Philibert-Léon Couturier (French, 1823–1901)
Chicken and Birds
Oil on canvas, 14 x 10 1/2 in.
DM 83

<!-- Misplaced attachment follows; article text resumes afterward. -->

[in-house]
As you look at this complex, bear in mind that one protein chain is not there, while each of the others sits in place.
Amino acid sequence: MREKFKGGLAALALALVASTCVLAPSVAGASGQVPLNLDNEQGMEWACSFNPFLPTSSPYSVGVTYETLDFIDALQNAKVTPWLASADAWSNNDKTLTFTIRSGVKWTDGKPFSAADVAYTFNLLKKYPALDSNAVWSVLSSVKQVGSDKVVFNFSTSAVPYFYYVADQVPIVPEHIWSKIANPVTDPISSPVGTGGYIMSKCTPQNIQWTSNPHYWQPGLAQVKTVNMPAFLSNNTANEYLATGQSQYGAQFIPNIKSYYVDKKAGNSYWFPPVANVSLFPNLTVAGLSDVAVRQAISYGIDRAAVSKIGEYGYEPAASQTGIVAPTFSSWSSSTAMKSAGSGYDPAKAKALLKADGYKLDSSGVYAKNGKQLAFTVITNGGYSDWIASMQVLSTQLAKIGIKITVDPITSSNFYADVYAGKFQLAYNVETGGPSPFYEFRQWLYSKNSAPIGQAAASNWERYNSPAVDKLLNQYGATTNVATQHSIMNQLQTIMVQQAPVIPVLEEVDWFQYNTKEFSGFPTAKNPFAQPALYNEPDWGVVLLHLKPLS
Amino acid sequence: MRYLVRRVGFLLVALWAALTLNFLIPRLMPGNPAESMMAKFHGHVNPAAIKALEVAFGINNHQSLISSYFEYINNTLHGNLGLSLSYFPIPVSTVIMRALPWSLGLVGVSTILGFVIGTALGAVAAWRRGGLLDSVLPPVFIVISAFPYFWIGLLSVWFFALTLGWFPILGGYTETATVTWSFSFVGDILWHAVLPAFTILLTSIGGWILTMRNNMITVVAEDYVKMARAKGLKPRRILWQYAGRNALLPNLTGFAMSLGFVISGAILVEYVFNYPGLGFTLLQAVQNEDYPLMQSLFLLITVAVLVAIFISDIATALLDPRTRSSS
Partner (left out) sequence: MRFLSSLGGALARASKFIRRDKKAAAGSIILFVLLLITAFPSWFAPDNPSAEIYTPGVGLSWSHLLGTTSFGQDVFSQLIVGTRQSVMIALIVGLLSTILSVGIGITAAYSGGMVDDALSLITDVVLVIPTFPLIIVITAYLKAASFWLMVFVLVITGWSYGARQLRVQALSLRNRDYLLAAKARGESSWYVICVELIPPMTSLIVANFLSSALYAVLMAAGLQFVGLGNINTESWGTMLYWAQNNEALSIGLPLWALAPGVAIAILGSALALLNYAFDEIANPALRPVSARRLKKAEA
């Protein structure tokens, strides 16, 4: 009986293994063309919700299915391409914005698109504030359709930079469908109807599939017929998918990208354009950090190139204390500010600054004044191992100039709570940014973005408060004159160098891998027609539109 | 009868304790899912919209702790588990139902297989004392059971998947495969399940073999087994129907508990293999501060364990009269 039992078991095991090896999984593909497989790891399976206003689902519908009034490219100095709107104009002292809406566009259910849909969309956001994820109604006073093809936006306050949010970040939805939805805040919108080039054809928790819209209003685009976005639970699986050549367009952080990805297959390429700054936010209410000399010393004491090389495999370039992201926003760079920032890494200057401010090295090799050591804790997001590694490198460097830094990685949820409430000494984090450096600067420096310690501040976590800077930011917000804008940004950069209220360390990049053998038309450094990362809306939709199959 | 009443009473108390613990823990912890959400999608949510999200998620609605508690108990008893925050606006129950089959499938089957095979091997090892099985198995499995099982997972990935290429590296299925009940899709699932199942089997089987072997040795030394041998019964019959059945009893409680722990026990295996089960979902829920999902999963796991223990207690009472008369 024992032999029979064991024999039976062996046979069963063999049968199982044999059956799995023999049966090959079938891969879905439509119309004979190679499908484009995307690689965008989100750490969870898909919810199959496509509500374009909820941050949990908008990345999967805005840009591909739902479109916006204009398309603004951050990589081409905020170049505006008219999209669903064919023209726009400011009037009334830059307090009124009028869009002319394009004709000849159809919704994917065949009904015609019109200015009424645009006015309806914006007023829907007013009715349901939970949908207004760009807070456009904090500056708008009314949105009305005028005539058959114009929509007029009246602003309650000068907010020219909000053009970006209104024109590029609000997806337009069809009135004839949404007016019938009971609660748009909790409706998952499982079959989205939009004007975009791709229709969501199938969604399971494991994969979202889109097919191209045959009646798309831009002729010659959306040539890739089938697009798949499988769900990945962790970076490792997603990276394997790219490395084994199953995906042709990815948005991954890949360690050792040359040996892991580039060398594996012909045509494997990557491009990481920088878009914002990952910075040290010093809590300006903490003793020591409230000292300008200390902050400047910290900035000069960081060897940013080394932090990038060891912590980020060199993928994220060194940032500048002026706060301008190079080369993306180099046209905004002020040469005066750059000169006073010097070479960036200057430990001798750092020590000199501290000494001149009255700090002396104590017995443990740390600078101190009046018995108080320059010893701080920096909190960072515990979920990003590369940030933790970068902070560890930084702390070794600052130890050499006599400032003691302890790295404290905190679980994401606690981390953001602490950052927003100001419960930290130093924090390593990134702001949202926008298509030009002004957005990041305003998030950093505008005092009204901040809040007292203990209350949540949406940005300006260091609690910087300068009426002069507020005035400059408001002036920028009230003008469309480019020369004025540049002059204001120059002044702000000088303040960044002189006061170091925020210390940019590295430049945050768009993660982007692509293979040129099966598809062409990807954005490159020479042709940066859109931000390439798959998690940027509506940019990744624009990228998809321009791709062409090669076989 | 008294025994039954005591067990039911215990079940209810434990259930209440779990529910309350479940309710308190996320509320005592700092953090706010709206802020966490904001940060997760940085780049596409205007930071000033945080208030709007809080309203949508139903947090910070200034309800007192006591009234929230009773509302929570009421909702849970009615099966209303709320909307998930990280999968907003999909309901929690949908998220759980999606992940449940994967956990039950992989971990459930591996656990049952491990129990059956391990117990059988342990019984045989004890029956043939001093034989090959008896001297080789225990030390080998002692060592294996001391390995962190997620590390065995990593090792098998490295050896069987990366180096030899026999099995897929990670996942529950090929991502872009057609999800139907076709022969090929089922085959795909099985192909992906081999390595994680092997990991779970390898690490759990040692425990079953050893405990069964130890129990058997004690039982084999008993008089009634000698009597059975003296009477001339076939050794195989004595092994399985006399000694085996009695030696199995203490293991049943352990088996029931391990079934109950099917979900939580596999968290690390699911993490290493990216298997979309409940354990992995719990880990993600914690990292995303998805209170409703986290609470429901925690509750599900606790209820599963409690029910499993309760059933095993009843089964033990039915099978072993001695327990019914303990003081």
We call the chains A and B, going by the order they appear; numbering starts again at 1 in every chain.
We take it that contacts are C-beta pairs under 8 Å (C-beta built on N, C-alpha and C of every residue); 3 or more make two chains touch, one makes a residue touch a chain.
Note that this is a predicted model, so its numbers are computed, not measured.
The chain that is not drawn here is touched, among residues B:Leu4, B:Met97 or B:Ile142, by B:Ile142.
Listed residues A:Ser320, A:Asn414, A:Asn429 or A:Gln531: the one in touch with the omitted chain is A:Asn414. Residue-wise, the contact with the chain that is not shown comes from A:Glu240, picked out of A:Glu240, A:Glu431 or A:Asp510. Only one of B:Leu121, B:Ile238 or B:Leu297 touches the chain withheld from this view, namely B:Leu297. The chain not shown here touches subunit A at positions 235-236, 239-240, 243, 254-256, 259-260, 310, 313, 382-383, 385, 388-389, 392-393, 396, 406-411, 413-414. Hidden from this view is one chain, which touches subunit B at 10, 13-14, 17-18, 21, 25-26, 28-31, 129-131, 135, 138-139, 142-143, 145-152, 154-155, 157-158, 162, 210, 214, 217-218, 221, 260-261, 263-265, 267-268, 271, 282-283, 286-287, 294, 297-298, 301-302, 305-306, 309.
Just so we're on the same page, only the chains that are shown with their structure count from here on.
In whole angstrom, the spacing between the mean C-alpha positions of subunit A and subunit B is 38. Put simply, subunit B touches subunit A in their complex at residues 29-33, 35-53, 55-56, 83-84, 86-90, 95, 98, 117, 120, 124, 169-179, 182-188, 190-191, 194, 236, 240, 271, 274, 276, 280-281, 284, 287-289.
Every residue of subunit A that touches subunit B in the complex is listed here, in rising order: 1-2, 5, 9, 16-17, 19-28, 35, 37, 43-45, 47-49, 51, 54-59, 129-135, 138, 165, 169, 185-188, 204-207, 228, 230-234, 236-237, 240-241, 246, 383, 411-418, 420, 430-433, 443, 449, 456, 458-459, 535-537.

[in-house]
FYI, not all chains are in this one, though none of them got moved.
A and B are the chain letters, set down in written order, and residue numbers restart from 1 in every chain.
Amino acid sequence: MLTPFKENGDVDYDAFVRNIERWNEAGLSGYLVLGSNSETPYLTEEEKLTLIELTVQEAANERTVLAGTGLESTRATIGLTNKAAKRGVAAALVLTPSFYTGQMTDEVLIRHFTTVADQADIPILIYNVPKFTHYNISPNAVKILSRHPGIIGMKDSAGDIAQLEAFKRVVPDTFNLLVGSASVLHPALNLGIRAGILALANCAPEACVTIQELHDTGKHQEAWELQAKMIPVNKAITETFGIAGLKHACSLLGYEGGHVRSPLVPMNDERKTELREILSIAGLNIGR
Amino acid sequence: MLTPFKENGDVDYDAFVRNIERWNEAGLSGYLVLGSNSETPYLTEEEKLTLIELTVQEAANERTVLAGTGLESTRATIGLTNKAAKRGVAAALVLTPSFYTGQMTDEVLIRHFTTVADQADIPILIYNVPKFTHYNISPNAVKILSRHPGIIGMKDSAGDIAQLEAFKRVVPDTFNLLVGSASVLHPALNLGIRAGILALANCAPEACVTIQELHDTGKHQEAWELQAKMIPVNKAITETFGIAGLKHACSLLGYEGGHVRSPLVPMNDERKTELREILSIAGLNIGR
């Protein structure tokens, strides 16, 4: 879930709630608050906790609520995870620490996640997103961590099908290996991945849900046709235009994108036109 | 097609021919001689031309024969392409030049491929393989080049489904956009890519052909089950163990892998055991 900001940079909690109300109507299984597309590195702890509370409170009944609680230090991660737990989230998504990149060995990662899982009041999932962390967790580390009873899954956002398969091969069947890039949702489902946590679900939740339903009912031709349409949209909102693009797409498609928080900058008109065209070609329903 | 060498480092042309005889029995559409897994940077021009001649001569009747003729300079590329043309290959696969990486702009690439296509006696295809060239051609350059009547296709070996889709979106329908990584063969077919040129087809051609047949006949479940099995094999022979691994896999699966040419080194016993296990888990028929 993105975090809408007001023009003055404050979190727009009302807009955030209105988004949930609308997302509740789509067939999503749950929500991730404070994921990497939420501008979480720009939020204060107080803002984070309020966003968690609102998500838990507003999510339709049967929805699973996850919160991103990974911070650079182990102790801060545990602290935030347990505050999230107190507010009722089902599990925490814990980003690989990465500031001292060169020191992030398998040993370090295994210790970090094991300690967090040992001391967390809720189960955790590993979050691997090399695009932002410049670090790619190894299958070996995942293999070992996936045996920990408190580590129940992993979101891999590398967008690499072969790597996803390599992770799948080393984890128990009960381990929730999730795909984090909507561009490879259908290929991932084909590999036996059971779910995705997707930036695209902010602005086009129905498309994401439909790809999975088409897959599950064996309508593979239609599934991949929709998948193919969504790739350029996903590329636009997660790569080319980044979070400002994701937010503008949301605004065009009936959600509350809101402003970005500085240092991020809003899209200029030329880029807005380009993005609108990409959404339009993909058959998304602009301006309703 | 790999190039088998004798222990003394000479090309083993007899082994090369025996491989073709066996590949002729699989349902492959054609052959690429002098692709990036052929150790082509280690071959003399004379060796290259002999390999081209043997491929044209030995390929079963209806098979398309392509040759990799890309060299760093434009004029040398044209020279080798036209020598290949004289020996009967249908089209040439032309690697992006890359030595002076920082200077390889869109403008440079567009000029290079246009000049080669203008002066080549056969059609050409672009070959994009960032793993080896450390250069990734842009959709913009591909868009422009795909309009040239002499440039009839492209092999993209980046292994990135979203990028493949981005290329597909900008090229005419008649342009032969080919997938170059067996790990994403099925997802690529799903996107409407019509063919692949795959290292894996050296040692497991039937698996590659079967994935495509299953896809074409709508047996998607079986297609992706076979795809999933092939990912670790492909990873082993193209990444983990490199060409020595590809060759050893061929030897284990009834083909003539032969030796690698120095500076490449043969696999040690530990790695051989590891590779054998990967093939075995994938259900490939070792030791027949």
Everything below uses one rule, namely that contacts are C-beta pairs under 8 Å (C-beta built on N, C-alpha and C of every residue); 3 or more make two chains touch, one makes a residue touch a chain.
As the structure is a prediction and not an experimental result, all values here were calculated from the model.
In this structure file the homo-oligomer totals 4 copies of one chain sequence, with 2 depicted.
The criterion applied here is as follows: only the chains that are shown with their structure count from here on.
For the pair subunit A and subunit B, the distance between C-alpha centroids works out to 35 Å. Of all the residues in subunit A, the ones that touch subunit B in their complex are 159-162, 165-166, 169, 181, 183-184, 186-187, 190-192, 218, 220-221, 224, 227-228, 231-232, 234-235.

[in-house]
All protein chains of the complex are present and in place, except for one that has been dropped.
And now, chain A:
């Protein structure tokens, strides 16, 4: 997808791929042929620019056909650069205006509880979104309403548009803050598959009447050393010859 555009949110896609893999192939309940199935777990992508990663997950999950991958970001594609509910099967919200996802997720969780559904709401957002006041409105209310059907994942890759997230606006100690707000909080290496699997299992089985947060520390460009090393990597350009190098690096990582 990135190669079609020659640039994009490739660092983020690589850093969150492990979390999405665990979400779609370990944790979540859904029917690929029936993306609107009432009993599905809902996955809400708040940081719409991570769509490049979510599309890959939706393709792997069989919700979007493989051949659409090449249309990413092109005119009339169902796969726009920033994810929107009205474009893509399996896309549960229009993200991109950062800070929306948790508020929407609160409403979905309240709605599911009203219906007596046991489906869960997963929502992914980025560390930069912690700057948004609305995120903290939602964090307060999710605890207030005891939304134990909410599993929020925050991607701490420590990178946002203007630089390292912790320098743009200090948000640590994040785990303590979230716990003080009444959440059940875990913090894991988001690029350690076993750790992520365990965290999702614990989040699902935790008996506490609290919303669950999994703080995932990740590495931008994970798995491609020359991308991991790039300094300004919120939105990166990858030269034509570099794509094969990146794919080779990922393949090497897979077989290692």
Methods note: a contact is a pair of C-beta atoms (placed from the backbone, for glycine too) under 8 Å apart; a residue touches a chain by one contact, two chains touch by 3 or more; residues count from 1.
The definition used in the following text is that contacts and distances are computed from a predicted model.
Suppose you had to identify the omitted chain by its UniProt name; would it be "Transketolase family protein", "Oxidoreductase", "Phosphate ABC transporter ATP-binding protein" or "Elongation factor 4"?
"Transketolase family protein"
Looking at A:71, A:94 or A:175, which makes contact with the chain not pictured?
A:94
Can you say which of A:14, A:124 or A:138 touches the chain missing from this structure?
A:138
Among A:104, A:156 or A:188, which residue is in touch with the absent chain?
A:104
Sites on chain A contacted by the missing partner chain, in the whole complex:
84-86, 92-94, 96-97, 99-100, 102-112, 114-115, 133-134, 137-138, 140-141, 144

Chicken and Birds depicts a rooster, two hens, and two smaller birds within an unspecified outdoor setting. Scenes of farm life had been created since the 17th century, but they became increasingly popular in the 19th century, when the growth of cities and industrialism generated nostalgia for rural life. The expansion of genre painting (or scenes of everyday life) at this time was also a response to the Realist movement of the mid-19th century, which emphasized a “truth to nature” over grandiose mythological or biblical scenes. Couturier was an admirer of the artists Jean-Baptiste-Camille Corot and Jean-François Millet (who created scenes of the local French landscape and peasants), and wrote studies about both artists in the 1870s. While the subject matter of Chicken and Birds is typical of Couturier’s oeuvre, the visible loosely applied individual strokes differentiates it from many of his other farm scenes.